Framus is a German guitar, bass, lap steel guitars and banjo manufacturing company, that existed from 1946 until going bankrupt in 1975. The Framus brand was revived in 1995 as part of Warwick GmbH & Co Music Equipment KG in Markneukirchen (Germany).
Framus started solid body guitar manufacturing in 1958. The Hollywood model, with which the history of the Frankish solid body guitar began, was actually still a hollow body construction and consisted of the sides frame with the top and back glued on. But out of this quickly developed a simple, massive construction.
Then starting in the sixties the solid body guitars were developed featuring pickups, more knobs, more switches. as well as diverse and sometimes active electronics; the most famous being the half-mechanical organ effect. Later in the seventies came the Nashville series, specially designed in Nashville, USA, which was a high-quality guitar and bass line that is considered a Framus highlight for that type of instrument.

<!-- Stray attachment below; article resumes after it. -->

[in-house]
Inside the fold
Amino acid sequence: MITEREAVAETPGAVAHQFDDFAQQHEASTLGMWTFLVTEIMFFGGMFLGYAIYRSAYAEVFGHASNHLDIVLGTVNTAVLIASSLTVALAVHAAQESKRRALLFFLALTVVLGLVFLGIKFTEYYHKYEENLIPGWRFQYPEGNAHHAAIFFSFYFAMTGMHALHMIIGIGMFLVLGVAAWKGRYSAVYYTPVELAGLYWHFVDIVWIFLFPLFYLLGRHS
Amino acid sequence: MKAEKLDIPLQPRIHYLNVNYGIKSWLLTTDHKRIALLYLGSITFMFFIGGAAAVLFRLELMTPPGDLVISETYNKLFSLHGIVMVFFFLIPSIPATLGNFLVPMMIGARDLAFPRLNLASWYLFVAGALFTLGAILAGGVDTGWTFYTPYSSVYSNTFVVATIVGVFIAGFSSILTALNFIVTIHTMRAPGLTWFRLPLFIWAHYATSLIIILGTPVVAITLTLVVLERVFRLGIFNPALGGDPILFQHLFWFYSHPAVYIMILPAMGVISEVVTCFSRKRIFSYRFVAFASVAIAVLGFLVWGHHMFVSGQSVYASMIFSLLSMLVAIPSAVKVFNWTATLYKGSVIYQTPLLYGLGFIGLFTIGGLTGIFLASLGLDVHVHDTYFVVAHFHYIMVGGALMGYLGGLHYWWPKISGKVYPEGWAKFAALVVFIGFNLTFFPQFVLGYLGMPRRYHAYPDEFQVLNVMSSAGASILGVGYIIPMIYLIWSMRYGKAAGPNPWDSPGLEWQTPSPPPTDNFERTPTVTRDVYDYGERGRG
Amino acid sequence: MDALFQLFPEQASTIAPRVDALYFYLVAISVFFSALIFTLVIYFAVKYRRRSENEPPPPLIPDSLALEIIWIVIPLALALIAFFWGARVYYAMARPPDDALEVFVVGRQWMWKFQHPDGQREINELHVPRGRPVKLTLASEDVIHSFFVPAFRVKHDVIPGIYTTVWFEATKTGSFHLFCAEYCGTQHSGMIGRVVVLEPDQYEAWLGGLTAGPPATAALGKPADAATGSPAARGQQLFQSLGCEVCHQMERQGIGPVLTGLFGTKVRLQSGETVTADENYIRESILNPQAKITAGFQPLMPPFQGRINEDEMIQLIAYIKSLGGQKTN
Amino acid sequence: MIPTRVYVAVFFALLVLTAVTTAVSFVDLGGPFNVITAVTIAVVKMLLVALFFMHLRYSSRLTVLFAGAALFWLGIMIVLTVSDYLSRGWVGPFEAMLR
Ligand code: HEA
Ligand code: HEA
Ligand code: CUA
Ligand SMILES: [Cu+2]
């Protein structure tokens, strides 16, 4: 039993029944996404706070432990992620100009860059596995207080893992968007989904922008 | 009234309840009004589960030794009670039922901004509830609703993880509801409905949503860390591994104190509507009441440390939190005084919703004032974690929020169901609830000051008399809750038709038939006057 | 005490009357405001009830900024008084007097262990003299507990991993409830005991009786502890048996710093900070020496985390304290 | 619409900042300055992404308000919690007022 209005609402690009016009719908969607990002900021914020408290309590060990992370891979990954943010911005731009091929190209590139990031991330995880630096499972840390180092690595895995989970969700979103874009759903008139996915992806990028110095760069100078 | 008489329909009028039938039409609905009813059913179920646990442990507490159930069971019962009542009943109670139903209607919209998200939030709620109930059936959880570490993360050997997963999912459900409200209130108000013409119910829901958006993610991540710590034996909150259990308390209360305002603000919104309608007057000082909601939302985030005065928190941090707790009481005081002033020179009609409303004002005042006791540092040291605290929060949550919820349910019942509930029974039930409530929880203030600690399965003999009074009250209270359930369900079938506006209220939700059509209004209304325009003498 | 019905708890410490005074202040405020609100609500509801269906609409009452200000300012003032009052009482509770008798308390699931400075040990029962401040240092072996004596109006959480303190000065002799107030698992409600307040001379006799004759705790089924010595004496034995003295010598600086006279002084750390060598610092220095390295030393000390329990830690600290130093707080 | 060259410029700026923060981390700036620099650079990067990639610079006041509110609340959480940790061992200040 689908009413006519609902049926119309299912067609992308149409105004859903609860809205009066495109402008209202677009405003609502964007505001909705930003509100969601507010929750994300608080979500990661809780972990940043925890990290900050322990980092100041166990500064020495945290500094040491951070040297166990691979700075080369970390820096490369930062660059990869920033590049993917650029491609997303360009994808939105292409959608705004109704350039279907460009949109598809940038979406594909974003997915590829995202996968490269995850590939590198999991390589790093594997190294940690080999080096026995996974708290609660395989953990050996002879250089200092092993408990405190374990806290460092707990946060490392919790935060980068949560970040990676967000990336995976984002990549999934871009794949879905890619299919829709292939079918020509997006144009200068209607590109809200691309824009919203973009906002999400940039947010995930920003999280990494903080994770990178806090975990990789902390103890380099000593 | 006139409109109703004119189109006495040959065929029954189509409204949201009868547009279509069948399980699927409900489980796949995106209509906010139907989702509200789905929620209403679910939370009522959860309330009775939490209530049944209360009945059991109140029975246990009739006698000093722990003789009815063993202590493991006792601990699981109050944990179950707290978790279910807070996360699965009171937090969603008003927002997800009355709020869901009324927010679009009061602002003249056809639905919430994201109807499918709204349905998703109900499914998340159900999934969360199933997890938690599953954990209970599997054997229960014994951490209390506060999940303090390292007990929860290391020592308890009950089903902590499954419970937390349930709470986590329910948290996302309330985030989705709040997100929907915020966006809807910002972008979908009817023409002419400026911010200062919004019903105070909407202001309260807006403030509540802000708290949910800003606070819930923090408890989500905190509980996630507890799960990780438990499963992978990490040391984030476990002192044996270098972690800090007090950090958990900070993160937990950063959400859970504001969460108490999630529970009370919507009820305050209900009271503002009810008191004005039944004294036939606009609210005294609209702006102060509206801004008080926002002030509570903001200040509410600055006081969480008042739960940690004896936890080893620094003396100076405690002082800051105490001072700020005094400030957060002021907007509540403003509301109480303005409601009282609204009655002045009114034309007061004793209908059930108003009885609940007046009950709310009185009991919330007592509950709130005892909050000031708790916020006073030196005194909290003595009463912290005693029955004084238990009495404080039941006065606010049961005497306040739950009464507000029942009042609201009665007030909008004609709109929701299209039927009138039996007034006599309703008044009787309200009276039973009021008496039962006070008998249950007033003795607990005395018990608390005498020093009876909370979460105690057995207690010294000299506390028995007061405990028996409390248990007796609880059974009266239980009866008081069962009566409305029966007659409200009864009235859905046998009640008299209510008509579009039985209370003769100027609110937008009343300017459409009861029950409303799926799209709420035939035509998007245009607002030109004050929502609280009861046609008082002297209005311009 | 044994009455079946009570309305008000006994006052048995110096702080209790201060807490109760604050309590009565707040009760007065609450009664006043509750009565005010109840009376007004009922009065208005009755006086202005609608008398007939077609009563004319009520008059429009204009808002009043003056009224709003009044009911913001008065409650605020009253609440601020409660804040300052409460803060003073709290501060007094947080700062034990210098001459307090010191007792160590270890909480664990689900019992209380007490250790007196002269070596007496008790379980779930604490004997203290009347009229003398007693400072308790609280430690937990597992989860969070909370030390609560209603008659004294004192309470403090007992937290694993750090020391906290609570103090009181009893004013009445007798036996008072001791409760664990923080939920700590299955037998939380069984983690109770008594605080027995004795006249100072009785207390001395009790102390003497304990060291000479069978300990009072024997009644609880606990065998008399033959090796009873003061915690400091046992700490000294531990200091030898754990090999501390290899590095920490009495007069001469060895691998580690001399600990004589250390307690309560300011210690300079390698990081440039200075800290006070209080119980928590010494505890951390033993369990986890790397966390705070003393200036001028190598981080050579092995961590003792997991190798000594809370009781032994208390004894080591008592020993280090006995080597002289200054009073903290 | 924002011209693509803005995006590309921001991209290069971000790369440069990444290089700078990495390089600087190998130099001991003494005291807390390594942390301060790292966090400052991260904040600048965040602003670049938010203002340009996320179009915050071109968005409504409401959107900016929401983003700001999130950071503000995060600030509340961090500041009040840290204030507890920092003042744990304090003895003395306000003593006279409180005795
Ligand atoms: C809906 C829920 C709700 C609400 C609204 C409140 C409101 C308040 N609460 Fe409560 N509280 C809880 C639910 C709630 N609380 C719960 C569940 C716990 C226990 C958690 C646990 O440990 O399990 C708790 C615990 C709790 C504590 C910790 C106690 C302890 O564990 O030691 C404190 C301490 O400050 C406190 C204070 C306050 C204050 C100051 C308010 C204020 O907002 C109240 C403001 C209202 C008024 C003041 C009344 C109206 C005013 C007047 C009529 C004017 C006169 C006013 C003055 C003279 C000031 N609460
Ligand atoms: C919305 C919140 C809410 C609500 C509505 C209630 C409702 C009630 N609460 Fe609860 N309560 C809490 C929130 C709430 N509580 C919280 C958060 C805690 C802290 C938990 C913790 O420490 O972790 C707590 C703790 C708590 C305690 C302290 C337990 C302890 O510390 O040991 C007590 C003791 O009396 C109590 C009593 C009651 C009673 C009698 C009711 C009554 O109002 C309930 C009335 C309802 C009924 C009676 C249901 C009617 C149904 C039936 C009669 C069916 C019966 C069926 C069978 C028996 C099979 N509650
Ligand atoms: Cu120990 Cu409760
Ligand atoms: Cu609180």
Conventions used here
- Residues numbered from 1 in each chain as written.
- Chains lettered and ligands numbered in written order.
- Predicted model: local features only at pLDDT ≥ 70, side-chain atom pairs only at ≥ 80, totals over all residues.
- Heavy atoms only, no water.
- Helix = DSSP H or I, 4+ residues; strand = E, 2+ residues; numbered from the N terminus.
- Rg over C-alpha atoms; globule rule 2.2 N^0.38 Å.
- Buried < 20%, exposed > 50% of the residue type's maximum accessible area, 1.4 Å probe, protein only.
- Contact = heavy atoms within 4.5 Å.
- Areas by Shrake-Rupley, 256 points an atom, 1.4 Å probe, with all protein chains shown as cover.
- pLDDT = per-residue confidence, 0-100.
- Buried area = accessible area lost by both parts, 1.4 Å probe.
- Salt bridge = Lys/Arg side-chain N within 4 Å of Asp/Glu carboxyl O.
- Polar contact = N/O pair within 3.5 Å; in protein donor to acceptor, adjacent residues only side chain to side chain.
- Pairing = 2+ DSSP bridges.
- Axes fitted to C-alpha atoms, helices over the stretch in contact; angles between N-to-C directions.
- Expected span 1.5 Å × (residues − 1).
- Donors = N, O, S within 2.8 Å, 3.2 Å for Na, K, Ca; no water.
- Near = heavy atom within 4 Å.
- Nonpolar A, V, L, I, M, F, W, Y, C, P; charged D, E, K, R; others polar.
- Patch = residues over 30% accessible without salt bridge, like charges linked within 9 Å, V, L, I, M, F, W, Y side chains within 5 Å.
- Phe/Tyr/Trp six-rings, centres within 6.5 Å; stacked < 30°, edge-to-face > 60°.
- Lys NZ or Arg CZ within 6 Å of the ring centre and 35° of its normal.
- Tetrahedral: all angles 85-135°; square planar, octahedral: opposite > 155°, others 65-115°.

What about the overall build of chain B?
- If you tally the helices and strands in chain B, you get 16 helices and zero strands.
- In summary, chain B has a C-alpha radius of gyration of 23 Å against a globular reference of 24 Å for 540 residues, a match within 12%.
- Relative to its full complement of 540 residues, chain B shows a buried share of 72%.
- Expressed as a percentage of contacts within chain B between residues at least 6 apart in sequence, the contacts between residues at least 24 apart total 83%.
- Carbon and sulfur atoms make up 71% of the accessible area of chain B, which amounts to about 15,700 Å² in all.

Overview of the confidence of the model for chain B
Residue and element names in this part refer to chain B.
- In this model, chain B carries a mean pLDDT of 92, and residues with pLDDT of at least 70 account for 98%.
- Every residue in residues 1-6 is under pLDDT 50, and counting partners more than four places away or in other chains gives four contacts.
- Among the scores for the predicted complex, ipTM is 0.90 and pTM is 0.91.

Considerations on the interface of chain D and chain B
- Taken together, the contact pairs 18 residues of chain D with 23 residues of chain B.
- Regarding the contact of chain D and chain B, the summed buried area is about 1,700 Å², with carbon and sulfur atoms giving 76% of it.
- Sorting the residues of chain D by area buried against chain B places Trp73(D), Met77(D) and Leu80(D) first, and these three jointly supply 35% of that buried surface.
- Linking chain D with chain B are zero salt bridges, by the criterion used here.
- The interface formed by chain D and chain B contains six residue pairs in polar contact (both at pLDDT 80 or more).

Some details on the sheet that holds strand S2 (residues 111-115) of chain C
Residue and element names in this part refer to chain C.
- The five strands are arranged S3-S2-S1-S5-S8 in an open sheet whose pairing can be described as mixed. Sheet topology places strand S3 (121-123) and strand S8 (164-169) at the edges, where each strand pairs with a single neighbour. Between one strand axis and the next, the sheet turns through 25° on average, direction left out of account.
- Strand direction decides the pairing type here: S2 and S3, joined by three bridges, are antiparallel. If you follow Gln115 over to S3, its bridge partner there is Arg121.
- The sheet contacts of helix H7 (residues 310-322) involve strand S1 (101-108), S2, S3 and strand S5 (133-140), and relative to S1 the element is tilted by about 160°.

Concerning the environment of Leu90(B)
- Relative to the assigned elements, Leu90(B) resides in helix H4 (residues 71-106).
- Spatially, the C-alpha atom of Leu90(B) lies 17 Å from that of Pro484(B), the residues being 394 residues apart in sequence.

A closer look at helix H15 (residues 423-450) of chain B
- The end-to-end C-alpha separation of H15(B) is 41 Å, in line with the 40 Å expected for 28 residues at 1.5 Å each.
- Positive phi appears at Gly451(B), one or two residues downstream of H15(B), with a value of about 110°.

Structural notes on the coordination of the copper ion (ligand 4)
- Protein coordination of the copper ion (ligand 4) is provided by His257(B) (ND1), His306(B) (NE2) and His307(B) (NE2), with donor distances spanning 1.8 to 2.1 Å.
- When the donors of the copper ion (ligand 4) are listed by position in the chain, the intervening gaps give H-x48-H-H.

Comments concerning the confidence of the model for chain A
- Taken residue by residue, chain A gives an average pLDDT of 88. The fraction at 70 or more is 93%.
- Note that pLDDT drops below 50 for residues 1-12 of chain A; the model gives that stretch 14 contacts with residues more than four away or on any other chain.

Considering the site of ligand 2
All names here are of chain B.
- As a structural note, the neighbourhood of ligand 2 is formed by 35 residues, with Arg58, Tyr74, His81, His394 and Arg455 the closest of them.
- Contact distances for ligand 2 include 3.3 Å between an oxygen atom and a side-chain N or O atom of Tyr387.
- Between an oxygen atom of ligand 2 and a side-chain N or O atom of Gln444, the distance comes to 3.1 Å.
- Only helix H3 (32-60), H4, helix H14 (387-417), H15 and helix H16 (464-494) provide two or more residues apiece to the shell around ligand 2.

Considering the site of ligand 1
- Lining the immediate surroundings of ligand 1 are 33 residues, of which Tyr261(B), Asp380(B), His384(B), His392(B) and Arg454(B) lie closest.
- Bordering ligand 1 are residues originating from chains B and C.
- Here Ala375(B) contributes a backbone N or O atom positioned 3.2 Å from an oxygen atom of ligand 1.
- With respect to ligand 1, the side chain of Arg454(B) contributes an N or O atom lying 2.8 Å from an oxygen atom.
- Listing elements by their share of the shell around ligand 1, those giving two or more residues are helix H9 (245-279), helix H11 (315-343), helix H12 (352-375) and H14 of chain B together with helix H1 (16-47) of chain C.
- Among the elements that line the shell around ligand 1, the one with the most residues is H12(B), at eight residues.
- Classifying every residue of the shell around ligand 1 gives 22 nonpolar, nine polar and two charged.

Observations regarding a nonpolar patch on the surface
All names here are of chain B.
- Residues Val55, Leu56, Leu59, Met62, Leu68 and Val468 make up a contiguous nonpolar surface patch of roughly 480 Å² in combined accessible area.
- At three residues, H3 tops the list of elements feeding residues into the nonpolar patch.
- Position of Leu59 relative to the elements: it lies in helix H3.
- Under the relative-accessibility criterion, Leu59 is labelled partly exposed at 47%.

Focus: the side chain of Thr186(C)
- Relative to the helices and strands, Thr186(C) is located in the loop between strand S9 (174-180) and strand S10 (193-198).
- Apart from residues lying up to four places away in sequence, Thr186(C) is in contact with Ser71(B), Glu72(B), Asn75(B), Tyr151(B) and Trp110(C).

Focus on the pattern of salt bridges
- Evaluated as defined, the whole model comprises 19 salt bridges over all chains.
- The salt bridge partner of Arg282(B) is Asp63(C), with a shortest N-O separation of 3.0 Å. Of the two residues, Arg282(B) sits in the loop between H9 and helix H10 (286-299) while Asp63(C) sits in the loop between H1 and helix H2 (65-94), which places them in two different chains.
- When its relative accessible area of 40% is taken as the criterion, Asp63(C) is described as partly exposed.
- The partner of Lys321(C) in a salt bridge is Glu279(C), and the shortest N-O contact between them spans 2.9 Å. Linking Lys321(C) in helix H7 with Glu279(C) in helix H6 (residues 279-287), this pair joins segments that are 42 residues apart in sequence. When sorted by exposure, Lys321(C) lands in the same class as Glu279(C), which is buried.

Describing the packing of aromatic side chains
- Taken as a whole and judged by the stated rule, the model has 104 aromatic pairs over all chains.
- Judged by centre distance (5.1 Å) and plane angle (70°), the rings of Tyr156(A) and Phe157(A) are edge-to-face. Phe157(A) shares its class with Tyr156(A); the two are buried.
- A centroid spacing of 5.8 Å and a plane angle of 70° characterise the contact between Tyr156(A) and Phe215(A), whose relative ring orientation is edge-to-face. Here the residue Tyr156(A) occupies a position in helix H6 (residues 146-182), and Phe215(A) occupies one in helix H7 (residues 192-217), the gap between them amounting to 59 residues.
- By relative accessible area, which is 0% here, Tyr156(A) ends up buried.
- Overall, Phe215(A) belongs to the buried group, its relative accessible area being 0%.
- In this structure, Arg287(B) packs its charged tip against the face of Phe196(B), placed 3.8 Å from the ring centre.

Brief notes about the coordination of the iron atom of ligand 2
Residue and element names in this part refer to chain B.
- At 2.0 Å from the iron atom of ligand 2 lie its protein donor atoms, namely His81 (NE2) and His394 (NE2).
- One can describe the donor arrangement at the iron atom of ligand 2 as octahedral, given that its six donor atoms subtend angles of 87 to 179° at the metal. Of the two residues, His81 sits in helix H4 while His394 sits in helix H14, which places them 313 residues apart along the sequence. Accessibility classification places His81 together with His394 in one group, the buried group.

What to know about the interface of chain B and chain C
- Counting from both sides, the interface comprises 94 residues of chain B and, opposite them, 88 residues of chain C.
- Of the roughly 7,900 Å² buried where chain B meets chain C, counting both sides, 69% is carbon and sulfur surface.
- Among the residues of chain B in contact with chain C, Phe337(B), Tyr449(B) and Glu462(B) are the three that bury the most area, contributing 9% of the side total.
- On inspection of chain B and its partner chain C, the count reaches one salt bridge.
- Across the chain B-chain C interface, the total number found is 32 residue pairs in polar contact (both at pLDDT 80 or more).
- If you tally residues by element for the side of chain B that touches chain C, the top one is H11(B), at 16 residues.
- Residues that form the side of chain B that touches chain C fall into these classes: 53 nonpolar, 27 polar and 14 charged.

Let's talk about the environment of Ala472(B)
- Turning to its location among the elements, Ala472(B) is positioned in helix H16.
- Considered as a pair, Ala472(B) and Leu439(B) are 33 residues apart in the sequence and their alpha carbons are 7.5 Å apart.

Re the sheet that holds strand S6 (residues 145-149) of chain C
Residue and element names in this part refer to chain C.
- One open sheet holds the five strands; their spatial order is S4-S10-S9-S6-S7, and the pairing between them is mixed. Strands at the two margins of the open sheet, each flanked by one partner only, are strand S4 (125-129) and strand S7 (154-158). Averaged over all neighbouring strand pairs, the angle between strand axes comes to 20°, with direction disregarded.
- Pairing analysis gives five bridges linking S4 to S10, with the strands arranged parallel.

This guitar survives in a nearly perfect state. This model has a floating/sliding pickup which allows an individual placement of the pickup between bridge and neck. This innovative floating/sliding pickup inspired Dan Amstrong in the early 1970’s to create instruments shaped like his Ampeg acrylic guitars, but made of wood and with set-in necks. Although they lacked the interchangeable pickup design of the acrylic models, they are capable of numerous tonal combinations as they employ a a similar sliding pickup design that allows one to slid the pickup on the instrument anywhere from the end of the fingerboard to back by the bridge. These instruments are referred to as the Dan Armstrong 'London' series instruments (see TYS Collection: Dan Armstrong, Model 341 "London Woody", 1974).